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Myasthenia gravis is defined as an acquired autoimmune disorder where there is abnormal fatiguability of muscles due to deficiency of acetylcholine receptors caused by circulating antibodies directed against them.1 Ocular myasthenia is a form of myasthenia gravis clinically involving only the levator palpebrae superioris, the orbicularis oculi, and the extraocular muscles. Ptosis and ophthalmoplegia, both unilateral and bilateral, constitute the only signs in about 20% cases while in about 70% cases, ocular symptoms mark the onset of generalised myasthenia gravis.1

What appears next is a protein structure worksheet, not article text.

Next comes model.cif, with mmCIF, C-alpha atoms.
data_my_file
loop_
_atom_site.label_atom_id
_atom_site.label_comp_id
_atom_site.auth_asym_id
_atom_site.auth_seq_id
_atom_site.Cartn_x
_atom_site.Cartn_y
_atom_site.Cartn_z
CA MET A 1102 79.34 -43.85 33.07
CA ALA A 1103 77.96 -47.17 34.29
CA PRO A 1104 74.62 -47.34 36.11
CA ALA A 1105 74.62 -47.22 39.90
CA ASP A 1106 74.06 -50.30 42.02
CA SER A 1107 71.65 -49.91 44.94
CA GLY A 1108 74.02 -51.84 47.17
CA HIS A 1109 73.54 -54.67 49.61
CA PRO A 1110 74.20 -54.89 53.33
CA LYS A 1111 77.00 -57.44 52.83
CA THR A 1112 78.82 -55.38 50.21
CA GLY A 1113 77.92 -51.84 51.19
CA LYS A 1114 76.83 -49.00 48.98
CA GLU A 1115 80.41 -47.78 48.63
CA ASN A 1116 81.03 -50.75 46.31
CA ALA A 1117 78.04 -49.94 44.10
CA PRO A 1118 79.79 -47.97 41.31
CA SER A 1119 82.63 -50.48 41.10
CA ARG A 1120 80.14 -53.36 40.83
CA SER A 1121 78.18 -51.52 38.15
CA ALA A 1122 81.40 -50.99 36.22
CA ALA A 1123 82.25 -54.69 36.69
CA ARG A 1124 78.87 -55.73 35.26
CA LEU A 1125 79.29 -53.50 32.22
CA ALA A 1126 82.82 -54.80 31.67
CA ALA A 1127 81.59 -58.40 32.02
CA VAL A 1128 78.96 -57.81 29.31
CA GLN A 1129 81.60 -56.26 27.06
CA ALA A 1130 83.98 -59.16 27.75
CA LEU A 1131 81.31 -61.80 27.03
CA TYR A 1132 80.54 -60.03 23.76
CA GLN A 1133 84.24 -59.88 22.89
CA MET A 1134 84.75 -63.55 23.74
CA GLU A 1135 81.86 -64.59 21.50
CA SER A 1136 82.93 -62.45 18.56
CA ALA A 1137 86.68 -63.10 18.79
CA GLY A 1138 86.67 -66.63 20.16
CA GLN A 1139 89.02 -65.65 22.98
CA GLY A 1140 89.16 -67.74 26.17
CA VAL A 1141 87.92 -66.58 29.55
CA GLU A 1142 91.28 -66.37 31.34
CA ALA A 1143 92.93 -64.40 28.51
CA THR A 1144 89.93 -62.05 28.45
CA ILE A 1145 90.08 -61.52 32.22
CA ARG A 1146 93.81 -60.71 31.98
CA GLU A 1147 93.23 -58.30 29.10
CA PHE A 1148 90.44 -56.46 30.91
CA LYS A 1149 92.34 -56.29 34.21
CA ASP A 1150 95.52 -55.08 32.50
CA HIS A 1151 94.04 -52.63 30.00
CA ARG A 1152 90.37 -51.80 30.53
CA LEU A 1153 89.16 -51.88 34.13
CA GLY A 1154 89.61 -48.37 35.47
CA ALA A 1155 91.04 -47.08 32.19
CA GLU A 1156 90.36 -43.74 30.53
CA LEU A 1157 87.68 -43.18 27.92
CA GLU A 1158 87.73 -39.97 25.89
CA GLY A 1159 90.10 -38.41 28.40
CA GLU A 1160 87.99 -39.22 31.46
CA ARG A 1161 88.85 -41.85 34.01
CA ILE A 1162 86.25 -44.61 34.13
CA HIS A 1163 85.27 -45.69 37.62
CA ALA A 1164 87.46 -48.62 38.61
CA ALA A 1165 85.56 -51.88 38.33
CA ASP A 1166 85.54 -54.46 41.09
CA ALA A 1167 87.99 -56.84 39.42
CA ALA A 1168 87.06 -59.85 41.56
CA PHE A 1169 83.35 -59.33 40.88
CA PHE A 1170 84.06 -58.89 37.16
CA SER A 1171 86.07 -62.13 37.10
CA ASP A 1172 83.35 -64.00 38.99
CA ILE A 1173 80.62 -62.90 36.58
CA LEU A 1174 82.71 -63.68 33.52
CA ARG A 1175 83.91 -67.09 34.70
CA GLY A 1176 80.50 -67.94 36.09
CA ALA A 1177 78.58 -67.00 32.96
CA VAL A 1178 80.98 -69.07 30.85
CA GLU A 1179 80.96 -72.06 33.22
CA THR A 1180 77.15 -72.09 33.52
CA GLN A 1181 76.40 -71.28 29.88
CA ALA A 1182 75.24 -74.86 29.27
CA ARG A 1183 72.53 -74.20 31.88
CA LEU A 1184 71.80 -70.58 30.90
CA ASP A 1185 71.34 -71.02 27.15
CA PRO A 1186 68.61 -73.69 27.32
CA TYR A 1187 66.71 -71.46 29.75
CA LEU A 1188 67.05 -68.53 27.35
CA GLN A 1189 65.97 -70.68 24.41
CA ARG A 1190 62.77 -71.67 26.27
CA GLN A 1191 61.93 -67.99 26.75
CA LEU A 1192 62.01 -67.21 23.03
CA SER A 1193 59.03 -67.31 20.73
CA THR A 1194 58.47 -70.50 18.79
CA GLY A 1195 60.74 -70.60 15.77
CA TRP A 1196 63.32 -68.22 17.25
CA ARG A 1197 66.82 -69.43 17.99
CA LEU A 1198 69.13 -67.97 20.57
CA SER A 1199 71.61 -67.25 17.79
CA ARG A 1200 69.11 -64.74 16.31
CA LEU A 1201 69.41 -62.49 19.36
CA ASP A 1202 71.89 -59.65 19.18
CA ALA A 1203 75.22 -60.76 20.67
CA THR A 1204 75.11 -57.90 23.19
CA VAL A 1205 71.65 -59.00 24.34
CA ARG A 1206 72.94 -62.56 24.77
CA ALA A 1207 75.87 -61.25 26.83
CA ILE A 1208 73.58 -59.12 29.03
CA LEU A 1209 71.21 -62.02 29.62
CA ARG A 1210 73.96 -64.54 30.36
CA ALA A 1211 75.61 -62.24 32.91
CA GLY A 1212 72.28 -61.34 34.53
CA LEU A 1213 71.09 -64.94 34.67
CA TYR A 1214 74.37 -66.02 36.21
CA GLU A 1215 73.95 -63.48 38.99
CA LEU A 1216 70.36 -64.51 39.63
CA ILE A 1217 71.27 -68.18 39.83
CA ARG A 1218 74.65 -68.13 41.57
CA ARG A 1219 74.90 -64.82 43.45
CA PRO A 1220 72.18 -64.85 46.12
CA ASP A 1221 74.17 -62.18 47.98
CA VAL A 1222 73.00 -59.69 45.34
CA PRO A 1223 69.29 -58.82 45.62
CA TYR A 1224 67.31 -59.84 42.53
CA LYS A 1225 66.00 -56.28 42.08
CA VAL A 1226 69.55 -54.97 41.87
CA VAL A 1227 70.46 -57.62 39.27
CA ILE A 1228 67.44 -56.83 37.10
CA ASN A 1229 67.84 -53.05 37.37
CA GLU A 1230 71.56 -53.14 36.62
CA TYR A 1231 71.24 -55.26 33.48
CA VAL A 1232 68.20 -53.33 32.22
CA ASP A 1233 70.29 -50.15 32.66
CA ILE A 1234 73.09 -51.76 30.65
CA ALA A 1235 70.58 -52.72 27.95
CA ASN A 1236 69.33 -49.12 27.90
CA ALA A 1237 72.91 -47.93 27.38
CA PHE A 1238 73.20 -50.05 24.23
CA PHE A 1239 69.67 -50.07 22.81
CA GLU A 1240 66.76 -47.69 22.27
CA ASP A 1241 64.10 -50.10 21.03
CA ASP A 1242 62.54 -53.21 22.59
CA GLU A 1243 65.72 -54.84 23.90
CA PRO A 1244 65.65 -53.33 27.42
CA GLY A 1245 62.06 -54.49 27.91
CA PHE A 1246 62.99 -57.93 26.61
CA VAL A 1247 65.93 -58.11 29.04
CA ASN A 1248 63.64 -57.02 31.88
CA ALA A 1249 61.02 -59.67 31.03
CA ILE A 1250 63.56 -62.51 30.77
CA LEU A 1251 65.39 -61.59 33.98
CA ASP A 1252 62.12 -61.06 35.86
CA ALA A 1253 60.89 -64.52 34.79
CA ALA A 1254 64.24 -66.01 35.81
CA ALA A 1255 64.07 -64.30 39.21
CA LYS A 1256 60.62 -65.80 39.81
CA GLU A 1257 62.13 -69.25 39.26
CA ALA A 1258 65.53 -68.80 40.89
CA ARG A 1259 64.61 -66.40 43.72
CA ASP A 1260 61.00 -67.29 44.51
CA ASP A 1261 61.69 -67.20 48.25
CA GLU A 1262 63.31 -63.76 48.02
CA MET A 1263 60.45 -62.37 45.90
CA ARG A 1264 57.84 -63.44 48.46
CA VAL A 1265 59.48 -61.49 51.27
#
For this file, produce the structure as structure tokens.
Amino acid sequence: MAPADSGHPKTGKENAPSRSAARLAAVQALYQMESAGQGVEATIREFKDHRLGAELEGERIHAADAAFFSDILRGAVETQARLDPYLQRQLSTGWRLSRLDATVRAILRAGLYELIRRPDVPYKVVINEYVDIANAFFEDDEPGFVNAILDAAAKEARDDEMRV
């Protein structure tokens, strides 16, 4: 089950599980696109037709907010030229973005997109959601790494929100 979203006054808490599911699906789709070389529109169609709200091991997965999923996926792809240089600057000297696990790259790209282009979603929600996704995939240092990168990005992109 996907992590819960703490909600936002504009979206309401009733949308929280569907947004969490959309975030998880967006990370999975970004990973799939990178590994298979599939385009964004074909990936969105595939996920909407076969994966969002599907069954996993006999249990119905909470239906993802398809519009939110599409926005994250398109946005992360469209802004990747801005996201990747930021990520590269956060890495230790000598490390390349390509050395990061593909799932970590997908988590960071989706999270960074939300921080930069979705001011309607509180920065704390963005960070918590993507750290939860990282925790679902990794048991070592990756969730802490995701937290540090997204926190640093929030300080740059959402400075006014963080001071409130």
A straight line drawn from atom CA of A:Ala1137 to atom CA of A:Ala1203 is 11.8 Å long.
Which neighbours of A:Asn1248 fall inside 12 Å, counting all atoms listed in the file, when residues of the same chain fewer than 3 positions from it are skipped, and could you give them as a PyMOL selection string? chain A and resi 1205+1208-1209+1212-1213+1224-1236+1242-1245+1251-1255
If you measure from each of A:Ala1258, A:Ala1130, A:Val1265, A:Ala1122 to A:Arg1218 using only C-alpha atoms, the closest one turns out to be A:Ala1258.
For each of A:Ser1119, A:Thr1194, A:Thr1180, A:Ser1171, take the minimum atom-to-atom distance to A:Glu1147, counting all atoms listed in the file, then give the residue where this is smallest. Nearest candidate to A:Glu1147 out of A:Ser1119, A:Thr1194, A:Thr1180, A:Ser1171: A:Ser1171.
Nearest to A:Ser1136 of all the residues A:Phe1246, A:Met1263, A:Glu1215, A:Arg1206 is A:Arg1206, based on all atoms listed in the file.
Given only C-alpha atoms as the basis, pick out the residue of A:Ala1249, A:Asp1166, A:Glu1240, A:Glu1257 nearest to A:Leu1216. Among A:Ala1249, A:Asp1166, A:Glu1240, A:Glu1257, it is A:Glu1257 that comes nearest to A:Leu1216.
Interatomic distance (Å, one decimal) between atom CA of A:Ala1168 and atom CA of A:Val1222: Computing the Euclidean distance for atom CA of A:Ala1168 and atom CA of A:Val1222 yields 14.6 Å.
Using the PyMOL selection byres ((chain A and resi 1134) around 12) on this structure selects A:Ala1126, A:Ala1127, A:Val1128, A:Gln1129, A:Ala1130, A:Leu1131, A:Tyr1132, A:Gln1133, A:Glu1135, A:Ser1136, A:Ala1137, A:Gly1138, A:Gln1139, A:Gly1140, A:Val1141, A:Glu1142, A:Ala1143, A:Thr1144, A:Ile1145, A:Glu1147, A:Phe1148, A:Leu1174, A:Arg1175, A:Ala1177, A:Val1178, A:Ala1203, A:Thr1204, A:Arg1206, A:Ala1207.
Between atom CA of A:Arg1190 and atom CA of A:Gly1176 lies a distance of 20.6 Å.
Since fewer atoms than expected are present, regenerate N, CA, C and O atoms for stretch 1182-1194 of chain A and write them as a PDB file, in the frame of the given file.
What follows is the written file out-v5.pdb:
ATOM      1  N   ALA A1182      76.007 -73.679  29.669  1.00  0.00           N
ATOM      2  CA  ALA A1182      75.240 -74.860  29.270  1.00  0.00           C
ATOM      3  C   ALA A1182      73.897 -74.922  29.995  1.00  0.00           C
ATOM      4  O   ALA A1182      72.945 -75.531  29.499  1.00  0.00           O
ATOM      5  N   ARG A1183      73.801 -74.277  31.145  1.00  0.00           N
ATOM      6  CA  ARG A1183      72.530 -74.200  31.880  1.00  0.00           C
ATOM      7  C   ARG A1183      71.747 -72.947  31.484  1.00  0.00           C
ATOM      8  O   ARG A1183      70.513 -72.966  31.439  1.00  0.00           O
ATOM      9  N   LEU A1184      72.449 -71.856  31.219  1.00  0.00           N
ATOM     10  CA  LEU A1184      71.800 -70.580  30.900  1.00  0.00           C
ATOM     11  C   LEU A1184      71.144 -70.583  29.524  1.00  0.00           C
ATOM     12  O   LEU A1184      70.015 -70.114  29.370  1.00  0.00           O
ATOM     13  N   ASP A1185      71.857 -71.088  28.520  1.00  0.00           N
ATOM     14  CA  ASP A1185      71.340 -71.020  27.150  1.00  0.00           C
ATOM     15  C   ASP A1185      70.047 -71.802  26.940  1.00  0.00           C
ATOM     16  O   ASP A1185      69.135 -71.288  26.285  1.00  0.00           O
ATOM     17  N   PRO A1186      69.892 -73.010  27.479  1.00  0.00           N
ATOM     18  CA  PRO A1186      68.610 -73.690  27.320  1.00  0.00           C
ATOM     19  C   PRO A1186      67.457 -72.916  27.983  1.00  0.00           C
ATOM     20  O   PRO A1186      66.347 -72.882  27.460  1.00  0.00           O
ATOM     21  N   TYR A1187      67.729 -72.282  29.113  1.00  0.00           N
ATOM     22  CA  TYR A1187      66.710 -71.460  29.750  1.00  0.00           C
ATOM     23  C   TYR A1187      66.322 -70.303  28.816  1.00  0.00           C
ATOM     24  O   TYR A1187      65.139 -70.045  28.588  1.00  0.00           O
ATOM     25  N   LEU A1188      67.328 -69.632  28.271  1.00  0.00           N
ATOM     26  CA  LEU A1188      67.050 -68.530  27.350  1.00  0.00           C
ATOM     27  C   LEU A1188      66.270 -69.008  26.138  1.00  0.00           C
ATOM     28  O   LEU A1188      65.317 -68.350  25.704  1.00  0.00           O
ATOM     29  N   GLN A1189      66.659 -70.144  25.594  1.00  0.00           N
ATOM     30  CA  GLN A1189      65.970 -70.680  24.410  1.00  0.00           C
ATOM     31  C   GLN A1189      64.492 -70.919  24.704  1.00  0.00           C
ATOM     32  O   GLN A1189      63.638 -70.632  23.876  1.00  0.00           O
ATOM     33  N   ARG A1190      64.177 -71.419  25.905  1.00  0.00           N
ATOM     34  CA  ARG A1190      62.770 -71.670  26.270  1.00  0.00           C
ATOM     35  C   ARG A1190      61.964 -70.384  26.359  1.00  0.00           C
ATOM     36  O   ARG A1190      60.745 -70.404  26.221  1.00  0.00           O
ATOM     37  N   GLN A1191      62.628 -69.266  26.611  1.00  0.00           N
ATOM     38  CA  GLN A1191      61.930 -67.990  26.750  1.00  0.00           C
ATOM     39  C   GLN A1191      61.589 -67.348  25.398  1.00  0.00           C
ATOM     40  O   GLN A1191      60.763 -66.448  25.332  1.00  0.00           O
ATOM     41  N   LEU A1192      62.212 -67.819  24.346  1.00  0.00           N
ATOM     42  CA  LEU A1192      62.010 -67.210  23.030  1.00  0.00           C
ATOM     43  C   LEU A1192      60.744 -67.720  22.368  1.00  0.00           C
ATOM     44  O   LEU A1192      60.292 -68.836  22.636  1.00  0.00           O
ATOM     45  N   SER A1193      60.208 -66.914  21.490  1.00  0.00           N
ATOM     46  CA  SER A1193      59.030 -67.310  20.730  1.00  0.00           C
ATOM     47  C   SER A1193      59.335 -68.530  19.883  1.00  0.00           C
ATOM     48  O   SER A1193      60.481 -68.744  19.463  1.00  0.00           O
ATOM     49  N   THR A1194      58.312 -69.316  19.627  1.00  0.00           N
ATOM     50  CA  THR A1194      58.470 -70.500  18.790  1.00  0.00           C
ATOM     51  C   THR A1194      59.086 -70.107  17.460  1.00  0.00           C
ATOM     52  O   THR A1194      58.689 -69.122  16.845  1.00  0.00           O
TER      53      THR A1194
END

We examined a 10 month old male child who presented to us with complaints of ptosis and ophthalmoplegia of the right eye for a month before presentation. The child was born normally at full term to a healthy young mother with an uneventful perinatal and postnatal period. The milestones of the child were recorded as normal. The child had an older sister aged 3 years who gave no history …
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